Later this evening, we'll be airing Episode Two of our latest nightly audio adventure, The Thirty-Nine Steps by John Buchan. Usually when we present our radio serializations - The Time Machine, for example, or The Prisoner of Zenda - we don't usually feature the movie adaptations thereof in our Saturday picture date, for the very obvious reason that it gives away too much of the plot. But Alfred Hitchcock's 1935 version of The Thirty-Nine Steps departs so much from the Buchan original that I felt the only risk was of misdirection.
As I wrote yesterday, Buchan's tale is the first real man-on-the-run thriller, something that has since proved a staple not just of novels but of cinema, too. "It's not much of an exaggeration," said Robert Towne, screenwriter of Chinatown and Mission: Impossible, "to say that all contemporary escapist entertainment begins with The Thirty-Nine Steps." The précis of Buchan's scenario could not be more familiar: A chap's leading a perfectly respectable if somewhat dull life when something happens and he has to hightail it outta the respectable world and into the rougher fringes of life. But when it happened to Richard Hannay one night in his London flat it was new and different and arresting.
What Hitchcock mainly adds is women, of which Buchan's spy caper has a marked lack. I once discussed the absence of the fairer sex in Buchan's oeuvre with his son, the second Lord Tweedsmuir, and he remarked that it never occurred to his pop, who was more or less inventing a genre, that sex was necessary - as it would come to be in the hands of Ian Fleming and all who followed. Hitchcock being Hitchcock, he spotted the omission, and added not only "the girl", who dislikes the hero but whose fate is literally tied to his, but also a secondary girl, who contrives to expire in the hero's bedroom, and even a third, who manages a palpable erotic frisson even in a humble croft in the wilds of Scotland. So Hitchcock's Thirty-Nine Steps (1935) isn't much to do with Buchan, and yet it's closer in spirit than either the 1960 Kenneth More remake — a masterclass in how to make a thrill-free thriller — or the 1978 Robert Powell version, which restores Richard Hannay to his original First World War setting but junks absolutely everything else.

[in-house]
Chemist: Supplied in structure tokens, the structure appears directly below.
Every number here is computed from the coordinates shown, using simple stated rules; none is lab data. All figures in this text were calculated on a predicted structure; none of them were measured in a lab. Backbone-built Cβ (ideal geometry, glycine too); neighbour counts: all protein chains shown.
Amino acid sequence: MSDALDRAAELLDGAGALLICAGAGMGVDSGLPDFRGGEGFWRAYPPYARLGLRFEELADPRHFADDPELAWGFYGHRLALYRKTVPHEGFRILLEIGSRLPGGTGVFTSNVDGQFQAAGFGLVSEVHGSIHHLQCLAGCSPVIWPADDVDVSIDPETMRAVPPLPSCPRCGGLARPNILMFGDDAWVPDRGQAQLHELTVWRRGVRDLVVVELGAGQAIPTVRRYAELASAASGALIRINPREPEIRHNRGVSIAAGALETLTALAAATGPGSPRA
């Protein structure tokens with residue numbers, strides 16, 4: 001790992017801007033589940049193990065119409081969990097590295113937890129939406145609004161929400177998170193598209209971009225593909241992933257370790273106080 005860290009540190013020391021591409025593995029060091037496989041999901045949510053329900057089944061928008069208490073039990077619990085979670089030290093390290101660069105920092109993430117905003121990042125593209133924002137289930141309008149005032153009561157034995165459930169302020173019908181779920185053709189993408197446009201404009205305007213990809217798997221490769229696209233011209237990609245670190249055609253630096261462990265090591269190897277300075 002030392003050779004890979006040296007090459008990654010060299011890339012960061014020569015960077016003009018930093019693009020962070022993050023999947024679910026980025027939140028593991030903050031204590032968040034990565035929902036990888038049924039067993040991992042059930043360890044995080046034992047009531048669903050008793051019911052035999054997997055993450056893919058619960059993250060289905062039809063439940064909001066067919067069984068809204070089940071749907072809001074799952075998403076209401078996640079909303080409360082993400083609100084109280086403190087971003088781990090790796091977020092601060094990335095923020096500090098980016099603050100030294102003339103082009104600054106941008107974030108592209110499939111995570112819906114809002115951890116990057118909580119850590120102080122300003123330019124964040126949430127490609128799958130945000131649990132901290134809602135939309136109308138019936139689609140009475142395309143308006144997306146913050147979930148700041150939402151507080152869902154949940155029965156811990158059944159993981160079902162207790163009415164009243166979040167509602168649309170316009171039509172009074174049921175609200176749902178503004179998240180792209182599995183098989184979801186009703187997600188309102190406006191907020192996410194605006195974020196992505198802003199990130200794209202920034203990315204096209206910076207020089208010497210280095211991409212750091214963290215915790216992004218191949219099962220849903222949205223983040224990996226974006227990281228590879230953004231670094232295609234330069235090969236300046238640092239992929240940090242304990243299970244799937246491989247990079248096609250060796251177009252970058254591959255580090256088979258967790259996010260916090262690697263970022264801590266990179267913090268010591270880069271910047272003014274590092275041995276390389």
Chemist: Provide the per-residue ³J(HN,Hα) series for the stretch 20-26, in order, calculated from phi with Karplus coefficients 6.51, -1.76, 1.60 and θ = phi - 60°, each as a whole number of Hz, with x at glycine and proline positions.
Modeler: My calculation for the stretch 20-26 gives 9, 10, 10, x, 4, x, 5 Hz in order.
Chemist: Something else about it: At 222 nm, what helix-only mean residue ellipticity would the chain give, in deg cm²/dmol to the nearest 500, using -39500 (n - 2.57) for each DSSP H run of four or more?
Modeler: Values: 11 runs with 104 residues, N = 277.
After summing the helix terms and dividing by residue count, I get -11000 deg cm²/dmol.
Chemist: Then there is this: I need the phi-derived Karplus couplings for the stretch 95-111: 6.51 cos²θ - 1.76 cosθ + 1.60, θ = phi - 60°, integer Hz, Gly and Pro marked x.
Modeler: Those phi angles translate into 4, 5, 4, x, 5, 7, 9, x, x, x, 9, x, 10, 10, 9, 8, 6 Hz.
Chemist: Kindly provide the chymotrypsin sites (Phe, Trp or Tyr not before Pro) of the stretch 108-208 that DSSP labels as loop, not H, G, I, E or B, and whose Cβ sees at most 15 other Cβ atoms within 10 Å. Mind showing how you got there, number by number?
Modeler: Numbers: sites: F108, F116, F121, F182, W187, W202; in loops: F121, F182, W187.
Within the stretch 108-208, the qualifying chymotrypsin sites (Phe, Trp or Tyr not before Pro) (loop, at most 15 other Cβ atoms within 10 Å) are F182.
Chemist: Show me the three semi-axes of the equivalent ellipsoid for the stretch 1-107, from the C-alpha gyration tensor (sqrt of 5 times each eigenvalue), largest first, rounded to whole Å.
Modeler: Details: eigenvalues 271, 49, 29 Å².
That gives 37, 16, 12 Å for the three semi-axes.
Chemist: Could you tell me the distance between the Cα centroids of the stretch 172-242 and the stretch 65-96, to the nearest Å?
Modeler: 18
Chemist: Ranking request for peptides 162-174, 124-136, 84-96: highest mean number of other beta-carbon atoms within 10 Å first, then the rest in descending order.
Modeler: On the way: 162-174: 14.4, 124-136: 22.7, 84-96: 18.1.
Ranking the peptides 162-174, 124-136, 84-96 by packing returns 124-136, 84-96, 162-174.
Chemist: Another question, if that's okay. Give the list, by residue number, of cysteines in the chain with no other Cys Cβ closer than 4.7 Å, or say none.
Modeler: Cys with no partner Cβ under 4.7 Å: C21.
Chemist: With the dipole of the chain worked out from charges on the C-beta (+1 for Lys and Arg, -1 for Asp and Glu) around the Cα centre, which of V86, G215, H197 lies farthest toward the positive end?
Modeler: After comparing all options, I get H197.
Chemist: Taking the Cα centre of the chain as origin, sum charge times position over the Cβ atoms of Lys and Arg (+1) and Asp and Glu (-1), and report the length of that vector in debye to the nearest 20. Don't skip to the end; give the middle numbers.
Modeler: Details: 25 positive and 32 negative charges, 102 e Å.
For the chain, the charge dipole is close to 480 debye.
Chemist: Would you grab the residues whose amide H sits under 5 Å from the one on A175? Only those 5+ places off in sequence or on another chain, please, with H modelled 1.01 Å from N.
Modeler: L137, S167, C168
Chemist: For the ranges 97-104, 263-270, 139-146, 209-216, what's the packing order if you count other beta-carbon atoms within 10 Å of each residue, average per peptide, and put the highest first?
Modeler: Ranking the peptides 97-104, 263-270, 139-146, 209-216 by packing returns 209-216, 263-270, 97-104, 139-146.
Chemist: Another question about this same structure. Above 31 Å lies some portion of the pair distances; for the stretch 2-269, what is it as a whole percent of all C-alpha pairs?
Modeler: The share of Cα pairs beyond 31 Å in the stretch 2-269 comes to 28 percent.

Buchan is the only Spectator man to become Governor General of Canada (I have a desultory ambition to be the second) and Hitchcock's film appeared more or less when he was setting sail for Ottawa. By 1935, Buchan's metamorphosis into the viceregal Lord Tweedsmuir was almost complete: the "shockers" — the ripping yarns — were behind him; after 21 years, Richard Hannay, the archetypal clubland hero, had formally handed over to the younger generation in The Island of Sheep; in the last years of his life Buchan would write essays, memoirs, a history of the reign of George V, and bequeath Canada the Governor General's Literary Awards, for which Margaret Atwood, Mordecai Richler, Robertson Davies et al should be properly grateful. In a sense, Hitchcock's film marks the moment that comes to every great fictional character, when he slips free of his creator and has to survive on his own. In a tip of the hat to the new role of a writer he loved, the director made Richard Hannay not South African but a Canadian, visiting London for a few months. Hitch had a surer sense than almost any other film-maker of the eseence of a story, and the result is, according to Orson Welles, a "masterpiece", and, according to the British Film Institute, the fourth best British film of all time.